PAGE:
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Flog a Pro: Would You Pay to Turn the First Page of this Bestseller?

Flog a Pro

But first, let’s celebrate an anniversary or two.

Today marks the 15th anniversary of the first post on Writer Unboxed. A thousand congratulations to Therese and the cofounder, Kathleen Bolton (hi, Kath, hope you’re reading this), on such a long-lived and successful blog. WU is a go-to stop in my morning blog reading every day it’s up . I know I’ve gained many valuable insights from its marvelously talented and experienced contributors. And I also learn from the comments folks make. Three cheers for Writer Unboxed!

But wait, there’s more!

This anniversary also marks the 14 1/2 th anniversary of me being a regular contributor to Writer Unboxed. It has been great fun to put thoughts out there and receive enlightened feedback from WU readers, and I hope to do many more. Therese found my first post, dated August 15, 2007. Just for fun, you can read “Toggling from editor to writer and back again” here [1].

Back to flogging a pro

Trained by reading hundreds of submissions, editors and agents often make their read/not-read decision on the first page. In a customarily formatted book manuscript with chapters starting about 1/3 of the way down the page (double-spaced, 1-inch margins, 12-point type), there are 16 or 17 lines on the first page.

Here’s the question:

Would you pay good money to read the rest of the chapter? With 50 chapters in a book that costs $15, each chapter would be “worth” 30 cents.

So, before you read the excerpt, take 30 cents from your pocket or purse. When you’re done, decide what to do with those three dimes or the quarter and a nickel. It’s not much, but think of paying 30 cents for the rest of the chapter every time you sample a book’s first page. In a sense, time is money for a literary agent working her way through a raft of submissions, and she is spending that resource whenever she turns a page.

Please judge by storytelling quality, not by genre or content—some reject an opening page immediately because of genre, but that’s not a good enough reason when the point is to analyze for storytelling strength.

This novel was number four on the New York Times hardcover fiction bestseller list for January 24, 2021. How strong is the opening page—would it, all on its own, hook an agent if it came in from an unpublished writer?

Following are what would be the first 17 manuscript lines.

It is the absolute shittiest day for a walk.

Rain has been pouring down all morning, making my drive from Center Point out here to Mountain Brook a nightmare, soaking the hem of my jeans as I get out of the car in the Reeds’ driveway, making my sneakers squelch on the marble floors of the foyer.

But Mrs. Reed is holding her dog Bear’s leash, making a face at me, this frown of exaggerated sympathy that’s supposed to let me know how bad she feels about sending me out in the rain on this Monday morning.

That’s the important thing—that I know that she feels bad.

She still expects me to do it, though.

I’ve been walking dogs in the Thornfield Estates subdivision for almost a month now, and if there’s one thing I’ve definitely figured out, it’s that what matters most is how everything looks.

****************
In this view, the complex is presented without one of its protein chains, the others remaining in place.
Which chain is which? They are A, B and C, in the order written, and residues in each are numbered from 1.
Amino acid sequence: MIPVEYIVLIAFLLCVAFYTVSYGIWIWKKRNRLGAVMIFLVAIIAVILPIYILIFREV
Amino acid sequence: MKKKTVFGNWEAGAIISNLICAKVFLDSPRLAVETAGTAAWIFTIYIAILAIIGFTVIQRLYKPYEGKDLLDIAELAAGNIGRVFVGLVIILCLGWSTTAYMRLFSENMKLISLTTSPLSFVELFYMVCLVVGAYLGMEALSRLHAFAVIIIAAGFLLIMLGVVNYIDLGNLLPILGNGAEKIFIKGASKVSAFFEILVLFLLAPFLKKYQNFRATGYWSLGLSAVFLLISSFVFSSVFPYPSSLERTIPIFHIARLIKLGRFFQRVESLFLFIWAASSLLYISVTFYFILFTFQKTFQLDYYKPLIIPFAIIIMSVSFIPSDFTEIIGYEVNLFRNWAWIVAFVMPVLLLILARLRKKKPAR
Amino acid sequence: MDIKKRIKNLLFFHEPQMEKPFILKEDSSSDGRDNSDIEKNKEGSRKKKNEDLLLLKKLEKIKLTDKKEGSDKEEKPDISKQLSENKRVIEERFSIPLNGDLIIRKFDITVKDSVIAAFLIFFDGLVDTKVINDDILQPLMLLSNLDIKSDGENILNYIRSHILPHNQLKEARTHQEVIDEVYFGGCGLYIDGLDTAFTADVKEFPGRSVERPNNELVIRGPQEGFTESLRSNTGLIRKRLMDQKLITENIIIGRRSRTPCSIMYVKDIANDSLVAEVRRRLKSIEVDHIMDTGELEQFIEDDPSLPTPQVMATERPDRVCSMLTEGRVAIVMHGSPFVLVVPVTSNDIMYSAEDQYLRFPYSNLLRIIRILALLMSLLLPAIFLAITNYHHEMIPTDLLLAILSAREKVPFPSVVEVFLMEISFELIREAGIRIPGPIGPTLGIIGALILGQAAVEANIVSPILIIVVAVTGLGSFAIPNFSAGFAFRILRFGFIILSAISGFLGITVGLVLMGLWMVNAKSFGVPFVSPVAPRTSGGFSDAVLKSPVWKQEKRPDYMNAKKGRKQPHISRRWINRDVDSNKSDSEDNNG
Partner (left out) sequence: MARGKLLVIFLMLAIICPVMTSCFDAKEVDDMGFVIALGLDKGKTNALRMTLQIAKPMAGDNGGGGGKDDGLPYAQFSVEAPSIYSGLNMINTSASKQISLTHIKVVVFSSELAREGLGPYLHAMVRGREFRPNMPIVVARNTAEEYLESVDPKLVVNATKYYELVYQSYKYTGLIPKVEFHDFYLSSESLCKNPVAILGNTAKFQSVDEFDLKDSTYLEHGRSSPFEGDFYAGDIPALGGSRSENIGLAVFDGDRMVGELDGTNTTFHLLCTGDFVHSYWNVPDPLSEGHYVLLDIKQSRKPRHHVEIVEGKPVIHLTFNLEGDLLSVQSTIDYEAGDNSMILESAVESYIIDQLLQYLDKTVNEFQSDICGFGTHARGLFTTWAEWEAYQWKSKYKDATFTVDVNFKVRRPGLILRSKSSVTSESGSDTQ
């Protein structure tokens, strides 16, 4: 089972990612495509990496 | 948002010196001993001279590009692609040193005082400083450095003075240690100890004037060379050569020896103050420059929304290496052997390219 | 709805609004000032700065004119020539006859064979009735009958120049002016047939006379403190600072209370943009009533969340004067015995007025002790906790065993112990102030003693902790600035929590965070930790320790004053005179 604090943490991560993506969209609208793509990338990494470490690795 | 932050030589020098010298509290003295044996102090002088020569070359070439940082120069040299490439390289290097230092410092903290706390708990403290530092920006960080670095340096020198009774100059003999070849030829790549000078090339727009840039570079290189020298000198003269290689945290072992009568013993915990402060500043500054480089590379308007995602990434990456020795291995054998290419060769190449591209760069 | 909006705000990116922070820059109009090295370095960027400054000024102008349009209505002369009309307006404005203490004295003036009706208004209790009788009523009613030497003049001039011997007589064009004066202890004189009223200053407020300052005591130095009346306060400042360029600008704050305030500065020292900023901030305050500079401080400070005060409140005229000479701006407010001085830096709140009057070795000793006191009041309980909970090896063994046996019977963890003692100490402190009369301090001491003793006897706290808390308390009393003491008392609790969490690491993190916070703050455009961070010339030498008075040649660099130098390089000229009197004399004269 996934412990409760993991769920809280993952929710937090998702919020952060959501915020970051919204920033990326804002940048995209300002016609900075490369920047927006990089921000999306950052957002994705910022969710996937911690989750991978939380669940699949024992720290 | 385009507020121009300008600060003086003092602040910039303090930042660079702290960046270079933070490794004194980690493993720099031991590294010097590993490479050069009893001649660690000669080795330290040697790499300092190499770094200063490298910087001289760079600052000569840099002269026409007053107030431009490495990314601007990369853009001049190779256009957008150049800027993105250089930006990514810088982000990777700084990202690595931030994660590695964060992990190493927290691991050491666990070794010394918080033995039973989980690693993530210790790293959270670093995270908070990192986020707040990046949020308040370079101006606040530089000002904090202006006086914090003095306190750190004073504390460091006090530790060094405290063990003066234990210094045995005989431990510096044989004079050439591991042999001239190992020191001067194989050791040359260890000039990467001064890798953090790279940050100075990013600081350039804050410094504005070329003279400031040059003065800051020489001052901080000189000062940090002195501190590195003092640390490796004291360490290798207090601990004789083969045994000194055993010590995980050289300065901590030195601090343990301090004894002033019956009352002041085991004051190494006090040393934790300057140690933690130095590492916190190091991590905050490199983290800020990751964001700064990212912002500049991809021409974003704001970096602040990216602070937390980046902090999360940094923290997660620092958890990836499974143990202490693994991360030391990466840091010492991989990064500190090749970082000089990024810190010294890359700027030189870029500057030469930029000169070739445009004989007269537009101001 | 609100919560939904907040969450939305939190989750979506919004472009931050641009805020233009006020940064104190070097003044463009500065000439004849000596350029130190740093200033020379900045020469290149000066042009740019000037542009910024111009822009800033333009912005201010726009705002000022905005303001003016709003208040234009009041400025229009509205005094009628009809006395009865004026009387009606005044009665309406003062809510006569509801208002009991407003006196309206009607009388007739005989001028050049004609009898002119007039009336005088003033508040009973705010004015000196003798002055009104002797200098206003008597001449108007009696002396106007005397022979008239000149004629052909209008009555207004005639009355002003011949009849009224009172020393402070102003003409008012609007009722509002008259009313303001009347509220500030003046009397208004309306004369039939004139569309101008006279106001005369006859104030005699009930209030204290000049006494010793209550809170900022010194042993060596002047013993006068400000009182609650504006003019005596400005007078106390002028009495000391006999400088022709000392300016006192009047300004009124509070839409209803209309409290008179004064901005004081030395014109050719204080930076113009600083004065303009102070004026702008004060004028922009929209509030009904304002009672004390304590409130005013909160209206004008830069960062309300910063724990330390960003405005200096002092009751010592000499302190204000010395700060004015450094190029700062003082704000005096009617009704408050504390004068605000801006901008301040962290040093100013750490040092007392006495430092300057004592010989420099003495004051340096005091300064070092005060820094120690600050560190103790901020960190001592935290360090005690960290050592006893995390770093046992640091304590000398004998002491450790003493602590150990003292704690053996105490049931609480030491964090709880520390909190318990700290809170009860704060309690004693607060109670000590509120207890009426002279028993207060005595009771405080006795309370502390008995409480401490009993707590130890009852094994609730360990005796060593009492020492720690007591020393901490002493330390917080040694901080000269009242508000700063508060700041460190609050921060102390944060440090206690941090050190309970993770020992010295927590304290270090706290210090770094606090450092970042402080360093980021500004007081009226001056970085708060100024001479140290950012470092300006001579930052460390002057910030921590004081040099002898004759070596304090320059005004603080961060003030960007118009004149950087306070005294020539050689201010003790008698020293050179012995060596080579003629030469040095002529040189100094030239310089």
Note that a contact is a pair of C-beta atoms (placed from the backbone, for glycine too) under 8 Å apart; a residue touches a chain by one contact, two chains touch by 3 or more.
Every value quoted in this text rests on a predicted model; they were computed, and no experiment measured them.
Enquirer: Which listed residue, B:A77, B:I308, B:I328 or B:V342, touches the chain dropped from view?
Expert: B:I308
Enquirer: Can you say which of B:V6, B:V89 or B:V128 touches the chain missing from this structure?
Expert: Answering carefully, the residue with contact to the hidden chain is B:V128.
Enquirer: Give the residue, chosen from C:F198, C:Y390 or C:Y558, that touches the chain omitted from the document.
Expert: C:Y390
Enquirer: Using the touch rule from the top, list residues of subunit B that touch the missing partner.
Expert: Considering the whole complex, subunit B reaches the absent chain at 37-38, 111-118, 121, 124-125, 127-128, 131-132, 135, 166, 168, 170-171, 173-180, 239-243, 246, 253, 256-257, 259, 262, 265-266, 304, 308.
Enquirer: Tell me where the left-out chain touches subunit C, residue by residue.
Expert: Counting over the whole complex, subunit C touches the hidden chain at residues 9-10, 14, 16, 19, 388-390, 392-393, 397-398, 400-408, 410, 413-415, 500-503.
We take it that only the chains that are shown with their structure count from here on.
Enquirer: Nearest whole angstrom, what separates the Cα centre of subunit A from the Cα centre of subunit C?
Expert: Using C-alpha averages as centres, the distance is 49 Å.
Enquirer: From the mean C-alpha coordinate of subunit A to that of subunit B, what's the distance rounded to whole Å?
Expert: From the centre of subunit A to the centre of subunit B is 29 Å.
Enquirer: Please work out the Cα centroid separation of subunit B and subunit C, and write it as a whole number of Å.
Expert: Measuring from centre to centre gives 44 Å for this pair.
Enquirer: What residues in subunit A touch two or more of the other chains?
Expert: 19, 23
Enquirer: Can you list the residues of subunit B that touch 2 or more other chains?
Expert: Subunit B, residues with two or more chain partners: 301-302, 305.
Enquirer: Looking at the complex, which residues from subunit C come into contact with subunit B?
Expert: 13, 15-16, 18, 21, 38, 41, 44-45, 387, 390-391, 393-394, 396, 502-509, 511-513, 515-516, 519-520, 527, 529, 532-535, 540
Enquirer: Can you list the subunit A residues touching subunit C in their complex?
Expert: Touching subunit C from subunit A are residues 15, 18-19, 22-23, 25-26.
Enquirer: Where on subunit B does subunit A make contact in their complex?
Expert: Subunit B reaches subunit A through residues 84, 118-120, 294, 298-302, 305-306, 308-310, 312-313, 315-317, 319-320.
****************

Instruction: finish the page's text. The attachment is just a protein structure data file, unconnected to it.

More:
Mrs. Reed looks sympathetic. She looks like she absolutely hates that I have to walk her collie, Bear, on a cold and stormy day in mid-February.

She looks like she actually gives a fuck about me as a person.

She doesn’t, though, which is fine, really.

It’s not like I give a fuck about her, either.

You can turn the page and read more here [2]. Were the opening pages of the first chapter of The Wife Upstairs by Rachel Hawkins compelling?


My vote: Yes.

This book received 4.1 out of 5 stars on Amazon. For me, there’s one thing that can override concerns about story questions—a strong, captivating character voice. I think interesting characters are the genesis of interesting stories. This character—I read it thinking it was a woman (it is, you find out in a couple of pages, one little black mark against this narrative as it would have been simple to use her name, Jane, on this page to let us know)—has sass, intelligence, and a clear-eyed view of the person she’s dealing with. She feels real, like people I know. There’s unsaid conflict of a very low level in this brief exchange, tolerated by both parties.

If the first page’s task is to lead you to turn to the next page, for me this page succeeded. I wanted to know more about what would happen with this character. As a reader of many stories, I felt sure that this was not going to be a treatise on dog-walking. It has to lead to what I want from this likeable character—story. I just wish I could afford to actually buy it. Your thoughts?

You’re invited to a flogging—your own You see here the insights fresh eyes bring to the performance of bestseller first pages, so why not do the same with the opening of your WIP? Submit your prologue/first chapter to my blog, Flogging the Quill [4], and I’ll give you my thoughts and even a little line editing if I see a need. And the readers of FtQ are good at offering constructive notes, too. Hope to see you there.

To submit, email [5] your first chapter or prologue (or both) as an attachment to me, and let me know if it’s okay to use your first page and to post the complete chapter.

About Ray Rhamey [6]

Ray Rhamey [7] is the author of four novels and one writing craft book, Mastering the Craft of Compelling Storytelling. He's also an editor of book-length fiction and designs book covers and interiors for Indie authors and small presses. His website, crrreative.com [7], offers an a la carte menu of creative services for writers and publishers. Learn more about Ray's books at rayrhamey.com [8].

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